What is cold lava? The volcano phenomenon that has devastated Indonesia’s Sumatra

Cold lava, or ‘lahar’ in Javanese, is a mixture of water and rock fragments that flows down a volcano and typically enters a river valley

Alisha Rahaman Sarkar
Monday 13 May 2024 12:43 BST
Related: Indonesia’s Mount Marapi spews ash 4,200ft into sky

Flash floods, landslides and a stream of cold lava from an active volcano left at least 43 people dead and 19 missing on the Indonesian island of Sumatra over the weekend.

Images and videos shared by Indonesia's disaster response agency showed thick mud and ash covering roads and fields near the foot of Mount Marapi, one of the most active volcanoes in the country.

The ash was from cold lava, known as "lahar" in Javanese, a hot or cold mixture of water and rock fragments that flows down the slopes of a volcano and typically enters a river valley.

Cold lava can flow rapidly, at a speed of hundreds of kilometres per hour, and spread as far away as 60 km from the volcano.

Cold lava flow generally occurs on or near a stratovolcano and can crush or bury almost anything in their path. It is considered more destructive and deadlier compared to regular lava flows, according to the United States Geological Survey.

“By destroying bridges and roads, lahars can also trap people in areas vulnerable to other hazardous volcanic activity, especially if the lahars leave fresh deposits that are too deep, too soft, or too hot to cross,” said the US Geological Survey.

Cold lava flood from Mount Marapi and widespread flooding hits Indonesia (Anadolu via Getty)

Cold lava can form with or without an explosion. Heavy rain or snowfall can erode and transport loose volcanic sediment and form a slurry where vegetation poses no hindrance to the flow.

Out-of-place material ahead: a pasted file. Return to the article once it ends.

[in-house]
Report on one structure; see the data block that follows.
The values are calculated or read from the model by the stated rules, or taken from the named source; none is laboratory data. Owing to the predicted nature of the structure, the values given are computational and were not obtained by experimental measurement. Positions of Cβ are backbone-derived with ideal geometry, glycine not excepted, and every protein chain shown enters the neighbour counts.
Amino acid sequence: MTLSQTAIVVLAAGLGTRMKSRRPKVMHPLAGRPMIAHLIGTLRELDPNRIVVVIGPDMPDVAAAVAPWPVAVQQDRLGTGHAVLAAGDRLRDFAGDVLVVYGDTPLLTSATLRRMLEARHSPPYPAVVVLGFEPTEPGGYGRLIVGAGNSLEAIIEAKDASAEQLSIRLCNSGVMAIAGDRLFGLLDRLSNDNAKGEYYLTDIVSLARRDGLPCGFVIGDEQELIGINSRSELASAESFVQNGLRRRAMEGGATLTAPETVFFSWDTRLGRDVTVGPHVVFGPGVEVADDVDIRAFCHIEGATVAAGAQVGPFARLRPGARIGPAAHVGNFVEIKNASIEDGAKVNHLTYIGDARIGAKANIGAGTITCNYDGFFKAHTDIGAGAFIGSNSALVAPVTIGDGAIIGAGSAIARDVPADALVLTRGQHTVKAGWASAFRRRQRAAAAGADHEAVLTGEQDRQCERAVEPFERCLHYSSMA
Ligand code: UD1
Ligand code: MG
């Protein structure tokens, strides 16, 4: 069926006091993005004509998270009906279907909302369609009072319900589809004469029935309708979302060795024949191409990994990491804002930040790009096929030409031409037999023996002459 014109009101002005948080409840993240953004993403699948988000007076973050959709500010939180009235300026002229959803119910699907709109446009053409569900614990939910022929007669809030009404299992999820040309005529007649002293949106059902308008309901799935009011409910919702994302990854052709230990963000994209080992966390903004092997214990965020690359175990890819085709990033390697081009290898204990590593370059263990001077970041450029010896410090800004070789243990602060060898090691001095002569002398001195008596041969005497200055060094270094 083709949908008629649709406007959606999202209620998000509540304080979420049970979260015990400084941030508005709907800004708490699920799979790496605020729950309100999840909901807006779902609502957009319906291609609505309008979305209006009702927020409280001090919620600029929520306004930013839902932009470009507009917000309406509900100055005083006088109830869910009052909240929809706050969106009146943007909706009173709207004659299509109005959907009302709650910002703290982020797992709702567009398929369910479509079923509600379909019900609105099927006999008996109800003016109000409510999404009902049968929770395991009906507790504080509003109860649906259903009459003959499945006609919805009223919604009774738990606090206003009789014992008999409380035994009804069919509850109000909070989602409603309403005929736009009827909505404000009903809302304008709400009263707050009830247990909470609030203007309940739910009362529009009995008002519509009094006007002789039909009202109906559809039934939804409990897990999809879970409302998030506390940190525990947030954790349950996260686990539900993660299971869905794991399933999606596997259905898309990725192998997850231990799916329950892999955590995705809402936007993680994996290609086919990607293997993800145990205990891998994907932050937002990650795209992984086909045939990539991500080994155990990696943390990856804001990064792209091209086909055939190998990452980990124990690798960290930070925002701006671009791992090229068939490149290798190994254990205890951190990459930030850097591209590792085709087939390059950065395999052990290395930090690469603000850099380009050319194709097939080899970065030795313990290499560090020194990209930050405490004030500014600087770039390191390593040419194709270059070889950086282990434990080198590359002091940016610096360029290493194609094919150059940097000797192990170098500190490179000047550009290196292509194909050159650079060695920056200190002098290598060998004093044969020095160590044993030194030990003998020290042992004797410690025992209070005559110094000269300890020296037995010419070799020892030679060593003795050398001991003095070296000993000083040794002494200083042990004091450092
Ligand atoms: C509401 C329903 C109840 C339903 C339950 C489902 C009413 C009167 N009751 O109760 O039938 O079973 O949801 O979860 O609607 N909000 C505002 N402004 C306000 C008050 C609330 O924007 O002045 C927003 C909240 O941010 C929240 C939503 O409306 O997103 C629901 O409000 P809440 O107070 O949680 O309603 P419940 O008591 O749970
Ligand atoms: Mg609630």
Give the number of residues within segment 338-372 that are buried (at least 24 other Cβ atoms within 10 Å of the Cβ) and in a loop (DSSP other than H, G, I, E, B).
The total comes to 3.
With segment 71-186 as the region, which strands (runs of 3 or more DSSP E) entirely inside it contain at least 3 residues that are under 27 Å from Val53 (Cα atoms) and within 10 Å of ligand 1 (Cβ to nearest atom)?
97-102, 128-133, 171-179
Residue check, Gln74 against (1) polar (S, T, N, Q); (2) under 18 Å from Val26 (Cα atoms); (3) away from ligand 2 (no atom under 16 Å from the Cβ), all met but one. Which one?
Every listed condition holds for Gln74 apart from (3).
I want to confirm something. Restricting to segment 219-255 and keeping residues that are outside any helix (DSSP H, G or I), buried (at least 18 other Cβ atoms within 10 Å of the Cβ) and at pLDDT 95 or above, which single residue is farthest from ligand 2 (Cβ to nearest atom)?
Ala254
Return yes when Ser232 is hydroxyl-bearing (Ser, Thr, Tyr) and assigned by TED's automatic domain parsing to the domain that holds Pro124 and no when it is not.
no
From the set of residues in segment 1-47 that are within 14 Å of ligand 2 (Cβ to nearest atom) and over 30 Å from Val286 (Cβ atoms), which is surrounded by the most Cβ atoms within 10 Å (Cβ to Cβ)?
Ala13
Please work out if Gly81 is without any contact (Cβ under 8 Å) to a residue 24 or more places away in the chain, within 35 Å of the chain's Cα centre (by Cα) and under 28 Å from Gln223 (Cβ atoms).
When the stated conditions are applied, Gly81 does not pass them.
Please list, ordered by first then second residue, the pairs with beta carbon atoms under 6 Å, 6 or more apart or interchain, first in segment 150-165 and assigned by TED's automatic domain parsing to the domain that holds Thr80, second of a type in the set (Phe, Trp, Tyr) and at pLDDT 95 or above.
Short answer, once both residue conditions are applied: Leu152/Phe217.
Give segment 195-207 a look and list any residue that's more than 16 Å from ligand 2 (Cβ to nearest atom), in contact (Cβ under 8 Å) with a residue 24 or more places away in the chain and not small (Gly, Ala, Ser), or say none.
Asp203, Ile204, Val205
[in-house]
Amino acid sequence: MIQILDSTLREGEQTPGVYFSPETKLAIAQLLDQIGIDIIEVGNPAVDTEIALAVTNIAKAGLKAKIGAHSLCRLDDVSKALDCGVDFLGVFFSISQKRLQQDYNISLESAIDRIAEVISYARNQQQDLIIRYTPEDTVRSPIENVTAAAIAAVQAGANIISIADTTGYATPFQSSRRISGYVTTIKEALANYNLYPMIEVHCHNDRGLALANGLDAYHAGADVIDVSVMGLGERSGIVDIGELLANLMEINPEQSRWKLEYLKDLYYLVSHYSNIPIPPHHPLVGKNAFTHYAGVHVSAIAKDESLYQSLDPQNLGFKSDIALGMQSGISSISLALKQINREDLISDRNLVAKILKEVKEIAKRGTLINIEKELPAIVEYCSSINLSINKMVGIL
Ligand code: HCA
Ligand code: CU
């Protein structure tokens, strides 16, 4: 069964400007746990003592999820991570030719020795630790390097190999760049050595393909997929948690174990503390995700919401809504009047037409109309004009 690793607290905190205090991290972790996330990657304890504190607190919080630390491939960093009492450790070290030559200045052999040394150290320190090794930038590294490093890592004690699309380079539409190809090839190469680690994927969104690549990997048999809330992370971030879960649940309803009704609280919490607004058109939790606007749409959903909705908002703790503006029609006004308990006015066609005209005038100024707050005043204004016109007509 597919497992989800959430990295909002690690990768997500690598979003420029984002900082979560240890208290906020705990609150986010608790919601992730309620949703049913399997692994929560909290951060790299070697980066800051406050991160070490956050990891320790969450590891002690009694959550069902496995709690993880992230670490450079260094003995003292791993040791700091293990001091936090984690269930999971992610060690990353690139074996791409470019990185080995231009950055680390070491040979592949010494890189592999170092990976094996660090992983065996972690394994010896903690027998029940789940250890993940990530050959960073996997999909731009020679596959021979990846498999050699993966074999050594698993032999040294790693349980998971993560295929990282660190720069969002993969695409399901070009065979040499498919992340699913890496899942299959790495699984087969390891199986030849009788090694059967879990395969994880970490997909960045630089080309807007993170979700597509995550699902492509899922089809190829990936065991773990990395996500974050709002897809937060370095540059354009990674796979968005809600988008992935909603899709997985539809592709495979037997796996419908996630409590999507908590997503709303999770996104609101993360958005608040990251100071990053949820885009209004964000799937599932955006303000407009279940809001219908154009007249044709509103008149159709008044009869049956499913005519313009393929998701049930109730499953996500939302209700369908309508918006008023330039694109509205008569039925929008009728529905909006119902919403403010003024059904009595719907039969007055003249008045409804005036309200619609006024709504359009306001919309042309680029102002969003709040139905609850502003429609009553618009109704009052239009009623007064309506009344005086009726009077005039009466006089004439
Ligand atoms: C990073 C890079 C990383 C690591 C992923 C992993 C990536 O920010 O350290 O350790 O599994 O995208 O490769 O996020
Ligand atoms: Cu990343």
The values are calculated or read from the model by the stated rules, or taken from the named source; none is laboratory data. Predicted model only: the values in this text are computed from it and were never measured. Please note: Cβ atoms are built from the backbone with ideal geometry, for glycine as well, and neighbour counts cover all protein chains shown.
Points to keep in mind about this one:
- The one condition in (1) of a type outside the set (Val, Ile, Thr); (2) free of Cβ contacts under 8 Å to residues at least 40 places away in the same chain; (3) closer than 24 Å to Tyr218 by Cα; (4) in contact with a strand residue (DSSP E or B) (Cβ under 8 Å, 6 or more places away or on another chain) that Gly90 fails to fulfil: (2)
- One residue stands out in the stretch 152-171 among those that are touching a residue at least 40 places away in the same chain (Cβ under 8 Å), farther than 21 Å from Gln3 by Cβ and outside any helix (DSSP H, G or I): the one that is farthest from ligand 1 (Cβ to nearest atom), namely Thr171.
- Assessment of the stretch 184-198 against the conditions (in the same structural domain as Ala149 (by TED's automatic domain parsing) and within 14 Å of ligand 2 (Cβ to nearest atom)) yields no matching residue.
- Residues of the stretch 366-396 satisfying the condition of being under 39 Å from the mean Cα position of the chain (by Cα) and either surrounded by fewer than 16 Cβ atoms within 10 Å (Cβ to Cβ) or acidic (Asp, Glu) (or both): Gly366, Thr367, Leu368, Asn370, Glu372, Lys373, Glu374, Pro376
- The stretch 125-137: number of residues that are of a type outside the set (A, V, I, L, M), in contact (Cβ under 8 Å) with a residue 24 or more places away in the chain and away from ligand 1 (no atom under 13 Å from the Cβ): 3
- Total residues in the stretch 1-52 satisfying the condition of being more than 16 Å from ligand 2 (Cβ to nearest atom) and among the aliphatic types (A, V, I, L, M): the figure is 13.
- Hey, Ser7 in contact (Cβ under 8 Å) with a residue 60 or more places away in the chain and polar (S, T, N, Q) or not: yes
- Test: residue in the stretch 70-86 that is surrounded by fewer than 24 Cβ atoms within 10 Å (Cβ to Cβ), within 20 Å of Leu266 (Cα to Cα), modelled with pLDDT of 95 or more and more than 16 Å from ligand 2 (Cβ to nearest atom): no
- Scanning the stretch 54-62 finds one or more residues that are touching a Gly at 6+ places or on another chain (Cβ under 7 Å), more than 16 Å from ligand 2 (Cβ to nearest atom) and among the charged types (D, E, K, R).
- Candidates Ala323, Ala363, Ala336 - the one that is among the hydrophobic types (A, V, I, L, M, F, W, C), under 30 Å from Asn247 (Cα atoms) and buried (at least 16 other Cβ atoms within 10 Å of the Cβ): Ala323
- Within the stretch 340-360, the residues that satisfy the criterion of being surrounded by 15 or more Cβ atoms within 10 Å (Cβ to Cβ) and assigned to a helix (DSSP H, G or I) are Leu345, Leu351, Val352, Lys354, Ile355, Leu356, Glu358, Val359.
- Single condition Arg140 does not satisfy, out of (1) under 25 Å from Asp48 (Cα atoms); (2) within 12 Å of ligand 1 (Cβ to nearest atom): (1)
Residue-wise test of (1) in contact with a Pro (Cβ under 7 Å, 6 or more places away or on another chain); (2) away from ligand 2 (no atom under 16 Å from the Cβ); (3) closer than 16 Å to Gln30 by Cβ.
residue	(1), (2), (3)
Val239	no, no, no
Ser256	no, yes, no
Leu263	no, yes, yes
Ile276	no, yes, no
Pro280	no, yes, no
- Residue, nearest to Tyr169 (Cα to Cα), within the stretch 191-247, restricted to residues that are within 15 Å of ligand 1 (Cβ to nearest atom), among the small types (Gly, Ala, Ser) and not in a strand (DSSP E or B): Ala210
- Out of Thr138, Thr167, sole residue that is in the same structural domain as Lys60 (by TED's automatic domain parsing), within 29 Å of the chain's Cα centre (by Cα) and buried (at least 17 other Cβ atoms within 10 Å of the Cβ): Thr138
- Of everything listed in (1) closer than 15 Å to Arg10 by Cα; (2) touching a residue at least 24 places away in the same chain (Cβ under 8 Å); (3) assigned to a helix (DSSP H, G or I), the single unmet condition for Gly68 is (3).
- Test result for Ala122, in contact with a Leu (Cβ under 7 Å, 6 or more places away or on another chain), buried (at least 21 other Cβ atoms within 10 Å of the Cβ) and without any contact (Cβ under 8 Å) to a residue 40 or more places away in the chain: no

“A small eruption of ash or lava can melt enough of that snowcap to produce devastating lahars,” Brittany Brand, director for the Boise State Hazard and Climate Resilience Institute at Boise State University, told Newsweek in an interview.

Aftermath of flash floods in Tanah Datar, West Sumatra, Indonesia (EPA)

Rains frequently cause landslides and flash floods in Indonesia, an archipelago nation of over 17,000 islands where millions of people live in mountainous areas or near floodplains.

Indonesia sits on the Pacific Ring of Fire with 127 active volcanoes, more than any other country in the world.

Mount Marapi alone has erupted 11 times in the 21st century. An eruption in December left 23 climbers dead and spewed ash as high as 3,000 metres into the air, covering entire towns and villages in the surrounding areas. It erupted again in January, prompting Indonesian authorities to warn people against going within a 4.5km radius of the crater where the eruption took place.

Further back in 1979, an eruption of the volcano killed 60 people.

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